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Juknelevicius, Dominykas; Dufter, Alicia; Rusan, Magdalena; Klapötke, Thomas M.; Ramanavicius, Arunas (2017): Study of Pyrotechnic Blue Strobe Compositions Based on Ammonium Perchlorate and Tetramethylammonium Nitrate. In: European Journal of inorganic Chemistry, No. 7: pp. 1113-1119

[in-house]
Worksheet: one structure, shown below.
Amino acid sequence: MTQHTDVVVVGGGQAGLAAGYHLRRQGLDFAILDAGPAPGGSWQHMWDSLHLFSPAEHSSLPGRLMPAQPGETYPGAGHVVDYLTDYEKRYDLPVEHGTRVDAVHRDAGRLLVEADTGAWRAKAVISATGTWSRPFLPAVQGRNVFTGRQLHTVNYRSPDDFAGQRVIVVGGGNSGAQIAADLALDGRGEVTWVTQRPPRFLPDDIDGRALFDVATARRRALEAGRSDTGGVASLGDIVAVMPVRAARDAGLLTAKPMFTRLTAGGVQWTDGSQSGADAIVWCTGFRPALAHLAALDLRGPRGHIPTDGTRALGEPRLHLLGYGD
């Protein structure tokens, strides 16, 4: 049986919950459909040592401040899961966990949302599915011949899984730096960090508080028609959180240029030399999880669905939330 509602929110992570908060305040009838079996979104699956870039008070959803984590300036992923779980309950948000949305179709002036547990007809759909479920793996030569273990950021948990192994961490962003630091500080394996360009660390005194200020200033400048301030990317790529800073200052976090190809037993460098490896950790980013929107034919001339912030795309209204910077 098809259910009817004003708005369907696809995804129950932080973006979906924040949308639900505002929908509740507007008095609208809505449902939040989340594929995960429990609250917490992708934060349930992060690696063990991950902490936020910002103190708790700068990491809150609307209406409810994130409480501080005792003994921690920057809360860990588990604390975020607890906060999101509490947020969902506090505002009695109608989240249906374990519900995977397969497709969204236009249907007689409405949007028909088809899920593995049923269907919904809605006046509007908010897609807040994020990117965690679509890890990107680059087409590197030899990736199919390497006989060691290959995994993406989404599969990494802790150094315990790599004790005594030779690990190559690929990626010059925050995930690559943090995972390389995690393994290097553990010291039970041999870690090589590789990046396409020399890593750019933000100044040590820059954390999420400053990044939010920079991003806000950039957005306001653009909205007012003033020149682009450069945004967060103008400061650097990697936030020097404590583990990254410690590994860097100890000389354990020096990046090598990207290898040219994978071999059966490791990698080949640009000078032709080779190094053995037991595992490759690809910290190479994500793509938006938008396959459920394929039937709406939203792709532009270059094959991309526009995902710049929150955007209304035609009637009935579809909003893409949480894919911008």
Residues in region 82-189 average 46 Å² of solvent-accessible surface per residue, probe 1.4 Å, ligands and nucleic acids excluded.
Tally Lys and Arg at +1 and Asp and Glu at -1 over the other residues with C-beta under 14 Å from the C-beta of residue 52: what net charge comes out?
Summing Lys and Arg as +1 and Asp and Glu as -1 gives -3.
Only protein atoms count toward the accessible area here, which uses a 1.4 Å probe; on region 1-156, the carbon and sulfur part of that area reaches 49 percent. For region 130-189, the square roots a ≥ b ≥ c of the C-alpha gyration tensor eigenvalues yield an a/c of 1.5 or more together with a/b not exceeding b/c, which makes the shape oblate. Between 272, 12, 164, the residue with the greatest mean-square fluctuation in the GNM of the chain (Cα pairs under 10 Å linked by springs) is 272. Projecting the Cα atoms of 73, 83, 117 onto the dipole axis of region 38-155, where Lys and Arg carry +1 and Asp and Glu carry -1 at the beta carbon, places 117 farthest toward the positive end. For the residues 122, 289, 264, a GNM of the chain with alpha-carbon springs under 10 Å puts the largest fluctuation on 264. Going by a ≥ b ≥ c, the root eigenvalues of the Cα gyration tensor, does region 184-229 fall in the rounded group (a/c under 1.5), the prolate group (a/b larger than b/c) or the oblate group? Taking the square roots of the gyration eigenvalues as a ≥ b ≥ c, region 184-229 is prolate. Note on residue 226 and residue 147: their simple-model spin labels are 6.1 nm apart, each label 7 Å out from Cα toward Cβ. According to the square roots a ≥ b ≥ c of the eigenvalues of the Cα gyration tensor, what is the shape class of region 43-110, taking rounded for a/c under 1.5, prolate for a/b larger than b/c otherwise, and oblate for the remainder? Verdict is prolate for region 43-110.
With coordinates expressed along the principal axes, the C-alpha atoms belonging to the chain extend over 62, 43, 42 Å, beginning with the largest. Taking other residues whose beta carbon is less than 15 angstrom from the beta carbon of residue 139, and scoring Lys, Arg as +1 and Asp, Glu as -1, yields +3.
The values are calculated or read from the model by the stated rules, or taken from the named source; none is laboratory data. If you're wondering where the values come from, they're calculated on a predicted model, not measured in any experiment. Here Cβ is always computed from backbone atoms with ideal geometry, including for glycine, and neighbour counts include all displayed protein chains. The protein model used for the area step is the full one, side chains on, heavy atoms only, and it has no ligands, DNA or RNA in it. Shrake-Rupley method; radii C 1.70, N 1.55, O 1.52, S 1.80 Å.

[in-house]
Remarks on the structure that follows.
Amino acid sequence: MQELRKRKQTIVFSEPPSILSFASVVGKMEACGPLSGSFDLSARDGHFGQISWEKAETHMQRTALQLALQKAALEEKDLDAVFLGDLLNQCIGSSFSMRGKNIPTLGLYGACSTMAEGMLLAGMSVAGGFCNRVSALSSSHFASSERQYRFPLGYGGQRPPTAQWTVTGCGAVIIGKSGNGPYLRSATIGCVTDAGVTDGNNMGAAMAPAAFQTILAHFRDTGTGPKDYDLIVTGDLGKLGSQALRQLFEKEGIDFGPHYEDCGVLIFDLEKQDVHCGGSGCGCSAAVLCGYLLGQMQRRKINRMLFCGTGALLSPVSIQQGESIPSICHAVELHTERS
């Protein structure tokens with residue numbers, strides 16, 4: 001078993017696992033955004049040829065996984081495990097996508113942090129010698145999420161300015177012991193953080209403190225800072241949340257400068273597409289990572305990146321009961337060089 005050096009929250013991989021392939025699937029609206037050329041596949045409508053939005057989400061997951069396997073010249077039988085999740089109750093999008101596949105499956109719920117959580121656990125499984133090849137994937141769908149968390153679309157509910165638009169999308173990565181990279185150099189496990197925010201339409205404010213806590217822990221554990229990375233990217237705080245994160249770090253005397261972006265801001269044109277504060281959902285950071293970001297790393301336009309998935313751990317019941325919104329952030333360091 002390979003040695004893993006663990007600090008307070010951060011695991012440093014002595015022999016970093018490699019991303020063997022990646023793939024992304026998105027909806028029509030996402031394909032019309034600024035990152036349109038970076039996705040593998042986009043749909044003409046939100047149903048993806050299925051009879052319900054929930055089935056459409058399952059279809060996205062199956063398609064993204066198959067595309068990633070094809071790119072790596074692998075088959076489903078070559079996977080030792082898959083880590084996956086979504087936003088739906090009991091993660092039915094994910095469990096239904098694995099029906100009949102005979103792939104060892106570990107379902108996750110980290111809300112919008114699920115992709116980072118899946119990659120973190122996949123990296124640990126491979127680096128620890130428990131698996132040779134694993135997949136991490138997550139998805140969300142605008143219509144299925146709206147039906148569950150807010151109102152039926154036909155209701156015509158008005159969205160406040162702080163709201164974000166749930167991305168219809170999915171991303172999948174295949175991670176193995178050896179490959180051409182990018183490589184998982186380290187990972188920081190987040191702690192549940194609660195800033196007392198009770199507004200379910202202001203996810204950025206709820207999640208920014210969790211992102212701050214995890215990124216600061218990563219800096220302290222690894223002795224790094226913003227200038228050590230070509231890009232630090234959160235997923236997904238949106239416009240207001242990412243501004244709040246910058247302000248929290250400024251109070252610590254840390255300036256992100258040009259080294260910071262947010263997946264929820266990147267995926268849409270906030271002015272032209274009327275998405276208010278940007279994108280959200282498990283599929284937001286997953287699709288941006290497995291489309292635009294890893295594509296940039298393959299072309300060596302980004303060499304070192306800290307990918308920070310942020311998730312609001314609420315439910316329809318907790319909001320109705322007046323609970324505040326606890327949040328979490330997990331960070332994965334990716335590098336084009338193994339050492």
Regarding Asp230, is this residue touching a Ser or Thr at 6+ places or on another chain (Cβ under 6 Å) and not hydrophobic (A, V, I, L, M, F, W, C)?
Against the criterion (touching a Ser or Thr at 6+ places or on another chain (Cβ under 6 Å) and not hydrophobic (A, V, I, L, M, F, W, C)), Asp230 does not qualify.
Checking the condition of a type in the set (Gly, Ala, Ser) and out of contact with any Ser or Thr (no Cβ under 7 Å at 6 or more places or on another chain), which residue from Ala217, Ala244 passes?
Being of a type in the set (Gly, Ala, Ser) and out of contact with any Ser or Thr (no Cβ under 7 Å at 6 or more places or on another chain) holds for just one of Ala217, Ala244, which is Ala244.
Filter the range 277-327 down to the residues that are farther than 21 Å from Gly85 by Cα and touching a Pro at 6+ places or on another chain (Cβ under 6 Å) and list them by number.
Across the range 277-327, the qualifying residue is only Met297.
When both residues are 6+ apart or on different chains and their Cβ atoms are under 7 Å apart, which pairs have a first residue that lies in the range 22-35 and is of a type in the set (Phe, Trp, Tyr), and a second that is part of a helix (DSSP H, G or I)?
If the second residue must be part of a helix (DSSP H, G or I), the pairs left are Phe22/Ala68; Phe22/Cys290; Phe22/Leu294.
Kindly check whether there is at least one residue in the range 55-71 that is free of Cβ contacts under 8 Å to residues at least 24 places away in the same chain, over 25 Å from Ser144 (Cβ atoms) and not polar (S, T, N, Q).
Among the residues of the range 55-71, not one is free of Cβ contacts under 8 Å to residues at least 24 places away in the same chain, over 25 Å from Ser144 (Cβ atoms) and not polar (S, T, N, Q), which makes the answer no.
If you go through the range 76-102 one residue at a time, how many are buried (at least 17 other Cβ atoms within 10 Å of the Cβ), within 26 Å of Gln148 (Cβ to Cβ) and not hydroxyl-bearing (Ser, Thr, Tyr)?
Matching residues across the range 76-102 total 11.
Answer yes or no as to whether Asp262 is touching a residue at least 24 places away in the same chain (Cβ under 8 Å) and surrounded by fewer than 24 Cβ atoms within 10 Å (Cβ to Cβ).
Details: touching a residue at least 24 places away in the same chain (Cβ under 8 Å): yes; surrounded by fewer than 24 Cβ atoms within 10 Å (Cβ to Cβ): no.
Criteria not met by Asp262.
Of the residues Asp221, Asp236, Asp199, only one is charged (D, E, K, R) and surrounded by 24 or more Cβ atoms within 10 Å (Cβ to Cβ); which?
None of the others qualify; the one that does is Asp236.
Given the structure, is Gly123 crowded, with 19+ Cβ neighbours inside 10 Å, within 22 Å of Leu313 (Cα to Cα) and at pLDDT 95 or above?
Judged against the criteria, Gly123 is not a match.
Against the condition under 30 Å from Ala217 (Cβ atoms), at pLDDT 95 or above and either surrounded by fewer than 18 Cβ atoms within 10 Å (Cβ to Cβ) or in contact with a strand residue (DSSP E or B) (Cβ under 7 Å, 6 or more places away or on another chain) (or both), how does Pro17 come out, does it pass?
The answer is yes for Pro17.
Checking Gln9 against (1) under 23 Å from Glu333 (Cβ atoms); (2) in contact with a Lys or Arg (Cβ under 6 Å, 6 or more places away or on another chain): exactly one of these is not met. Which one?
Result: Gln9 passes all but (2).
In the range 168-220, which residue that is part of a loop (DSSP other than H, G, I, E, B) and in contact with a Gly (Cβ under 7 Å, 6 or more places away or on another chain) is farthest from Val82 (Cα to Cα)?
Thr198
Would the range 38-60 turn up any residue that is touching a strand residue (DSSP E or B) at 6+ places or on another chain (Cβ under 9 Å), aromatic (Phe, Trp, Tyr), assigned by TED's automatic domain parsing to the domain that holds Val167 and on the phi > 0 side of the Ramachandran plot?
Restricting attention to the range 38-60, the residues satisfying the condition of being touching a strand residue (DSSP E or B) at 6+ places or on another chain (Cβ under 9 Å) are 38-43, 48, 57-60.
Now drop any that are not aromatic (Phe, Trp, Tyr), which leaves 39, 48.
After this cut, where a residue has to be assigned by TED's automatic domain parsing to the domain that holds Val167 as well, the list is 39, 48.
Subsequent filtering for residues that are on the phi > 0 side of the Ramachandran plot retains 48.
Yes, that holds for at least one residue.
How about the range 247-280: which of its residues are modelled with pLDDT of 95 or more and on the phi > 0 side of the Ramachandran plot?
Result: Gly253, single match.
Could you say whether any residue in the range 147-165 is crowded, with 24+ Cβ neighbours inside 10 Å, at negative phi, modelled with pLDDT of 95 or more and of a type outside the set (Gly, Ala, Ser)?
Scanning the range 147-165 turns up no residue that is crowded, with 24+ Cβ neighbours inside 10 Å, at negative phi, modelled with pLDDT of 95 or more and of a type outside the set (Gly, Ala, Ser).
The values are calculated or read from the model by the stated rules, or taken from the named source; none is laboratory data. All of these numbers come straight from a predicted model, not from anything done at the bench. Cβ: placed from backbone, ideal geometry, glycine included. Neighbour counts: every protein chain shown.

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Pyrotechnic strobes, both colorless and colorful, are compositions that burn in an oscillatory manner. They are used in military illumination devices and in fireworks as one of the most attractive pyrotechnic effects. Most colored strobes contain magnesium (Mg) or magnesium-aluminum (MgAl) alloy as a fuel. However, this is an issue for blue strobes since the choice of stable blue-flame emitters is extremely limited. In fact, copper halides have been observed to produce blue emissions in pyrotechnic flames exclusively at temperatures ranging from 1200 to 1500 degrees C. At higher temperatures, the emitter is destroyed, or more specifically, a preferred trimer Cu3Cl3 species is converted into monomers. As a result, the flame color fades and a whitish-blue flame is observed. Therefore, it was interesting to see whether blue pyrotechnic strobes can be made without using conventional high-temperature fuels, such as Mg or Al, in order to conserve a deep flame color. The formulation called the Jennings-White blue strobe No. 5 [55 % ammonium perchlorate (AP), 30 % tetramethylammonium nitrate (TMAN), and 15 % copper] is considered the top-of-the-line formulation, which is described as being capable of producing an intense blue strobe. However, its mechanism is not well-understood, and the formulation is not chemically compatible. This paper presents research focused on improving the blue strobe formulation by Jennings-White.